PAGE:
Moog rejects $1.1million lawsuit alleging misogynistic workplace culture, gender discrimination as “false”
A former employee of the synth company alleges she was fired on the basis of her gender, and that she was verbally and physically intimidated by a male co-worker.
Image: Igor Golovniov/SOPA Images/LightRocket via Getty Images
A former employee of Moog Music has filed a Civil Rights lawsuit in North Carolina accusing the legendary synth company of a culture of misogyny and gender discrimination that ultimately led to the termination of her employment “because of her sex”.
As first reported by The Asheville Blade, the lawsuit was filed on 16 March 2021 by Hannah Green, who joined Moog via a temp company in February 2018 as a sales assistant. The legal complaint, which was amended 25 May and which MusicTech has seen, alleges Green was “fired” from the employee-owned company in August 2020 “because of her sex”.
Her attorney, Sean Soboleski, told the Asheville Blade that as “a result of these discriminatory acts, breach of contract, and negligent affliction of emotional distress”, Green is seeking over $1.1million in compensatory and punitive damages as well as attorney’s fees and costs.
According to the legal complaint, Green claims she was harassed by a male co-worker, was unfairly refused a promotion, was retaliated against when she attempted to bring to light gender discrimination in Moog, and was wrongfully discharged from the company.
In January 2019, Green claims she began to air complaints of “disparate treatment in [Moog’s] all-male sales department” where she worked, raising “instances of misogyny and unfair treatment” to her superiors and the company’s human resources department.
Speaking to the Asheville Blade, Green also alleged instances of sexually inappropriate language at Moog. “There were so many inappropriate jokes,” she claimed. “There was a joke about golden showers, they used to make dick jokes constantly.”
Green alleged that on 17 September 2019, she was “verbally and physically intimidated” by a male co-worker during the company event Moog Pro. The lawsuit alleges he put his hand on Green in “an aggressive manner while sitting across a small table screaming at her”.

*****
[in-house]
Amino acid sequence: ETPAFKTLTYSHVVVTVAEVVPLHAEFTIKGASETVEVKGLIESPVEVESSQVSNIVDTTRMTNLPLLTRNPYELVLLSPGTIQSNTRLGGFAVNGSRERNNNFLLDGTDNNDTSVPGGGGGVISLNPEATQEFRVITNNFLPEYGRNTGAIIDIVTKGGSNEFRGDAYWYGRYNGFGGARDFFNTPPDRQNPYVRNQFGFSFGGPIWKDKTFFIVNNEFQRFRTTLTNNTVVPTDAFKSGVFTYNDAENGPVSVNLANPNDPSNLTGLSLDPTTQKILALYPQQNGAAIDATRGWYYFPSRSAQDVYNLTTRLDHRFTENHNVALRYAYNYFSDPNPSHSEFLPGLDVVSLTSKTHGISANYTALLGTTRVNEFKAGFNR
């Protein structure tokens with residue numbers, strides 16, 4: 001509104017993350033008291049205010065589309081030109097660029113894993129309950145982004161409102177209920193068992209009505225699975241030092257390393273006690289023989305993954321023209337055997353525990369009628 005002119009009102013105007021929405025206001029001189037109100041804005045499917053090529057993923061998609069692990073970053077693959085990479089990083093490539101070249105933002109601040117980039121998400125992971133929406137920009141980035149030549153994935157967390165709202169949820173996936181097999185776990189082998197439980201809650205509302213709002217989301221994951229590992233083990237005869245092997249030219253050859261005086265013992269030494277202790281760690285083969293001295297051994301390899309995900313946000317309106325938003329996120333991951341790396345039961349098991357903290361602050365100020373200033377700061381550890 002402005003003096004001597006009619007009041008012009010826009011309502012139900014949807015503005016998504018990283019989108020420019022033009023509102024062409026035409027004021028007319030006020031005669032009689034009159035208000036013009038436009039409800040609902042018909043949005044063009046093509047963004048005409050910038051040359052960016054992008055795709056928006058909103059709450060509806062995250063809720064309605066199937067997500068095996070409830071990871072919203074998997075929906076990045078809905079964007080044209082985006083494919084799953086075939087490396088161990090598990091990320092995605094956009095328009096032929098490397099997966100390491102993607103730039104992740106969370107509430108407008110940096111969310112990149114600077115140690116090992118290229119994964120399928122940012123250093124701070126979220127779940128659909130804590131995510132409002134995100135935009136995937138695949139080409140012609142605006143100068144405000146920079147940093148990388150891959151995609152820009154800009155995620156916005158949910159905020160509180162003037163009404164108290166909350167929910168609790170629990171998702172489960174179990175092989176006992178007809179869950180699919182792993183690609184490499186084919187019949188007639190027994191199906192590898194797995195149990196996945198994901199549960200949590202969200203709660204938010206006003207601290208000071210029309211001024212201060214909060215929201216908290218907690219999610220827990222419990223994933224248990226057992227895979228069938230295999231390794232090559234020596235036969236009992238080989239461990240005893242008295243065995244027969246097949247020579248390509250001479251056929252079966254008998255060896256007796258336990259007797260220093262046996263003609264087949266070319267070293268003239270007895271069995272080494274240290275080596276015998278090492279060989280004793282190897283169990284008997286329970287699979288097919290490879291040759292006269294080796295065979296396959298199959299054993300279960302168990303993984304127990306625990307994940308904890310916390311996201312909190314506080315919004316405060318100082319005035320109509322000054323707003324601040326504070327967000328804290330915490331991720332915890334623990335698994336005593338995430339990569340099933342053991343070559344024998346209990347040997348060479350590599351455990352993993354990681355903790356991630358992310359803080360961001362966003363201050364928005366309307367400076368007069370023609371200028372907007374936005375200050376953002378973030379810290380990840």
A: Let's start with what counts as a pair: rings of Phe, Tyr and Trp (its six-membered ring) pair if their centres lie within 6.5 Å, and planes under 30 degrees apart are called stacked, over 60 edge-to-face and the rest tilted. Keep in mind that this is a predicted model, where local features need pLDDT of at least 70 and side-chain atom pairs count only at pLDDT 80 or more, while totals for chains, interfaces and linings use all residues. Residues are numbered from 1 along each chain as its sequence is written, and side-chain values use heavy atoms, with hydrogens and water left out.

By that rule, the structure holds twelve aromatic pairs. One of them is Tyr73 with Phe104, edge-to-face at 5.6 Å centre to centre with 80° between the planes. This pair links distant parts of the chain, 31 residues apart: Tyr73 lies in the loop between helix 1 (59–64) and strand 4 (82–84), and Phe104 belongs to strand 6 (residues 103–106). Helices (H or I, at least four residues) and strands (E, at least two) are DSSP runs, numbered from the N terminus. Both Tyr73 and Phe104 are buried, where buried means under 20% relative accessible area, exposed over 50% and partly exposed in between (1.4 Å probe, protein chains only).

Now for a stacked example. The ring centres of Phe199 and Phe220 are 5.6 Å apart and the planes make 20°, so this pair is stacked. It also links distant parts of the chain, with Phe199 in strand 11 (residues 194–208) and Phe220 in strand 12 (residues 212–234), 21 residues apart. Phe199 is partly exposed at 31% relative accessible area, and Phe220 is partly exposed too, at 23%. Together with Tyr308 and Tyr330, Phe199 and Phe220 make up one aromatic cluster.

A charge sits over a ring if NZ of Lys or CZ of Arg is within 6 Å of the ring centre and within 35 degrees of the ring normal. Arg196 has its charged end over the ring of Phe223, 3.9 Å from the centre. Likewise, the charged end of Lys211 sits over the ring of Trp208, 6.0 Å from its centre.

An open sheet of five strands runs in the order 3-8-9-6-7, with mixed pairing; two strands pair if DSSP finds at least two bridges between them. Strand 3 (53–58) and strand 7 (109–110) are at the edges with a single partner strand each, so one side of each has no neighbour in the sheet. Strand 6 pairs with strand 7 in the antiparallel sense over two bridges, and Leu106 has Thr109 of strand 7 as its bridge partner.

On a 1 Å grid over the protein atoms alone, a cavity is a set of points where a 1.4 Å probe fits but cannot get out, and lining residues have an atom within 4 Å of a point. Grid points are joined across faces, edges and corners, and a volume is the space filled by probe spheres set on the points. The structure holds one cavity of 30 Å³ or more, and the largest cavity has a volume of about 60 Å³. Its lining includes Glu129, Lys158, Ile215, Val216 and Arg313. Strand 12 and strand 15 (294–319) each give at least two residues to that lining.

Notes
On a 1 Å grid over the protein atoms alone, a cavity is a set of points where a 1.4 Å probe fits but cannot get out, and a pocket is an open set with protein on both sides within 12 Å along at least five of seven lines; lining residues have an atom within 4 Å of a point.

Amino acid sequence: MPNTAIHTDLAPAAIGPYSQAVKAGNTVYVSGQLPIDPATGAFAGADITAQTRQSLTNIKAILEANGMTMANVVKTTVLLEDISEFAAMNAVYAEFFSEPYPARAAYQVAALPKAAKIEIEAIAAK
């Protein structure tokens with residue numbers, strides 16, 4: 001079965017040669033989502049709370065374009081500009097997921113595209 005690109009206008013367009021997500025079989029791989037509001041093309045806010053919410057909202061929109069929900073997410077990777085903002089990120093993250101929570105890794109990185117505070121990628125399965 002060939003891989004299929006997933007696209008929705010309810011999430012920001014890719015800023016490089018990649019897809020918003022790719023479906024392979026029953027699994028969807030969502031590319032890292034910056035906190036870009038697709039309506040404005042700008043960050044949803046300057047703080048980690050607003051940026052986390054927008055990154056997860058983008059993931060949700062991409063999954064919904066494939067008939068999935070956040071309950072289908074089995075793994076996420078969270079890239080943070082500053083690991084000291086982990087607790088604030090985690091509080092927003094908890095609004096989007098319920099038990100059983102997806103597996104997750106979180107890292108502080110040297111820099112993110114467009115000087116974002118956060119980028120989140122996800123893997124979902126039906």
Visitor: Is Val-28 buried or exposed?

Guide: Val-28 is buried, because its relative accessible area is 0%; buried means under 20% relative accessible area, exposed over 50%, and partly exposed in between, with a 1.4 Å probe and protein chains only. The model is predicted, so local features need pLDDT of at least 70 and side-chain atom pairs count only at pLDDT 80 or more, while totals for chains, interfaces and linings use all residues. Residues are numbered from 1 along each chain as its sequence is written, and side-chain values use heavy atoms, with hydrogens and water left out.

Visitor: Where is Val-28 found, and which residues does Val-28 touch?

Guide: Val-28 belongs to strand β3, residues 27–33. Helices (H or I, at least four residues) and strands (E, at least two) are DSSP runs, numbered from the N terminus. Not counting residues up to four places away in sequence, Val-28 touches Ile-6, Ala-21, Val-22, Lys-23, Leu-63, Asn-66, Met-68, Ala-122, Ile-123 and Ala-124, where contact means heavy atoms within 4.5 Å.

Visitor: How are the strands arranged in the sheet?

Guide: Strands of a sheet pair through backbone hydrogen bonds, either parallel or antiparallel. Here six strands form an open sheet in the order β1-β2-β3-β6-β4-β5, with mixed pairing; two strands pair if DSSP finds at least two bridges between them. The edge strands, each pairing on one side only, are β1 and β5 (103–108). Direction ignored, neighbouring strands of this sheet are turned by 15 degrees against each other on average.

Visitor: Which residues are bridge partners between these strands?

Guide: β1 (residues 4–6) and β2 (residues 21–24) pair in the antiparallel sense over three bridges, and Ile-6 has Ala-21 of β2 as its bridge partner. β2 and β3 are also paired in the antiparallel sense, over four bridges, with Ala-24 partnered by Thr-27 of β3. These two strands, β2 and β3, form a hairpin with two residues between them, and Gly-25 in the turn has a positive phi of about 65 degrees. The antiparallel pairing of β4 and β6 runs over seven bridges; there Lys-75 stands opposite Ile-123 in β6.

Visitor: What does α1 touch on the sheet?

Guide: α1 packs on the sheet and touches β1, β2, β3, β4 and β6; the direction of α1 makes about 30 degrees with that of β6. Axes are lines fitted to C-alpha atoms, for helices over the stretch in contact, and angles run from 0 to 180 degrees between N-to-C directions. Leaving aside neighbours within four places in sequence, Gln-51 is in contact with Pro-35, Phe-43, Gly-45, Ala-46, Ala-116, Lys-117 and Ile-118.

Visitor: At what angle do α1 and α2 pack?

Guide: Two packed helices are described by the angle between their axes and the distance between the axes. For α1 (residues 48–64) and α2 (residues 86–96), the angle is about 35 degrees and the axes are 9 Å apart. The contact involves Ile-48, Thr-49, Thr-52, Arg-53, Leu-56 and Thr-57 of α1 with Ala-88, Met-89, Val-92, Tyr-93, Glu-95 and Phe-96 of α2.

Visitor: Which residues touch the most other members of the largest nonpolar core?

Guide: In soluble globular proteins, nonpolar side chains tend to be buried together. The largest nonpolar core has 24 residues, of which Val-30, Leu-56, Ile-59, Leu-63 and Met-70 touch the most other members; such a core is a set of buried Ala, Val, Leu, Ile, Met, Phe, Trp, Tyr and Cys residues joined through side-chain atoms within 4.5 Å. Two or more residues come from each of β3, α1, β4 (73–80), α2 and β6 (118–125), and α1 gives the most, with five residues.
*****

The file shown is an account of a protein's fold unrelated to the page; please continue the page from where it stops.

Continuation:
In the exchange, which was purportedly about Green’s working hours and what time she clocked into work, he was said to have told Green she was a “fucking liar” and would “never move up in the Sales Department”. After the exchange, which according to court documents lasted about an hour, Green left “feeling bullied, harassed, and belittled, and suffering emotional distress”.
The following week, a discussion between Green, the male co-worker, Nick Valente (Moog Music’s VP of Business Development), and Linda Lafferty (Moog Music’s Director of Workplace Experience) took place to discuss “the misogynistic comments, the intimidation and the violent incident” that Green claims to have endured.
Green claims the meeting resulted in both Green and the co-worker agreeing to a “Counseling and Performance Improvement Plan” as detailed in the Moog Employee-Owner Handbook. As part of the plan and as stated in the court documents, he agreed to: move his desk further away from Green; “not exhibit violent, harassing, or controlling behavior towards Green”, and “not exhibit controlling behavior over Green’s projects that did not involve him”.
When in October 2019 Lafferty checked back with Green, the latter claimed that her co-worker was still causing her to feel “uncomfortable […] and distress[ed]”. Despite that, the lawsuit alleges that he “received no discipline and nothing else was done by Moog in response to this report to change its policies and practices”.
MusicTech has also reached out to Green’s co-worker for comment.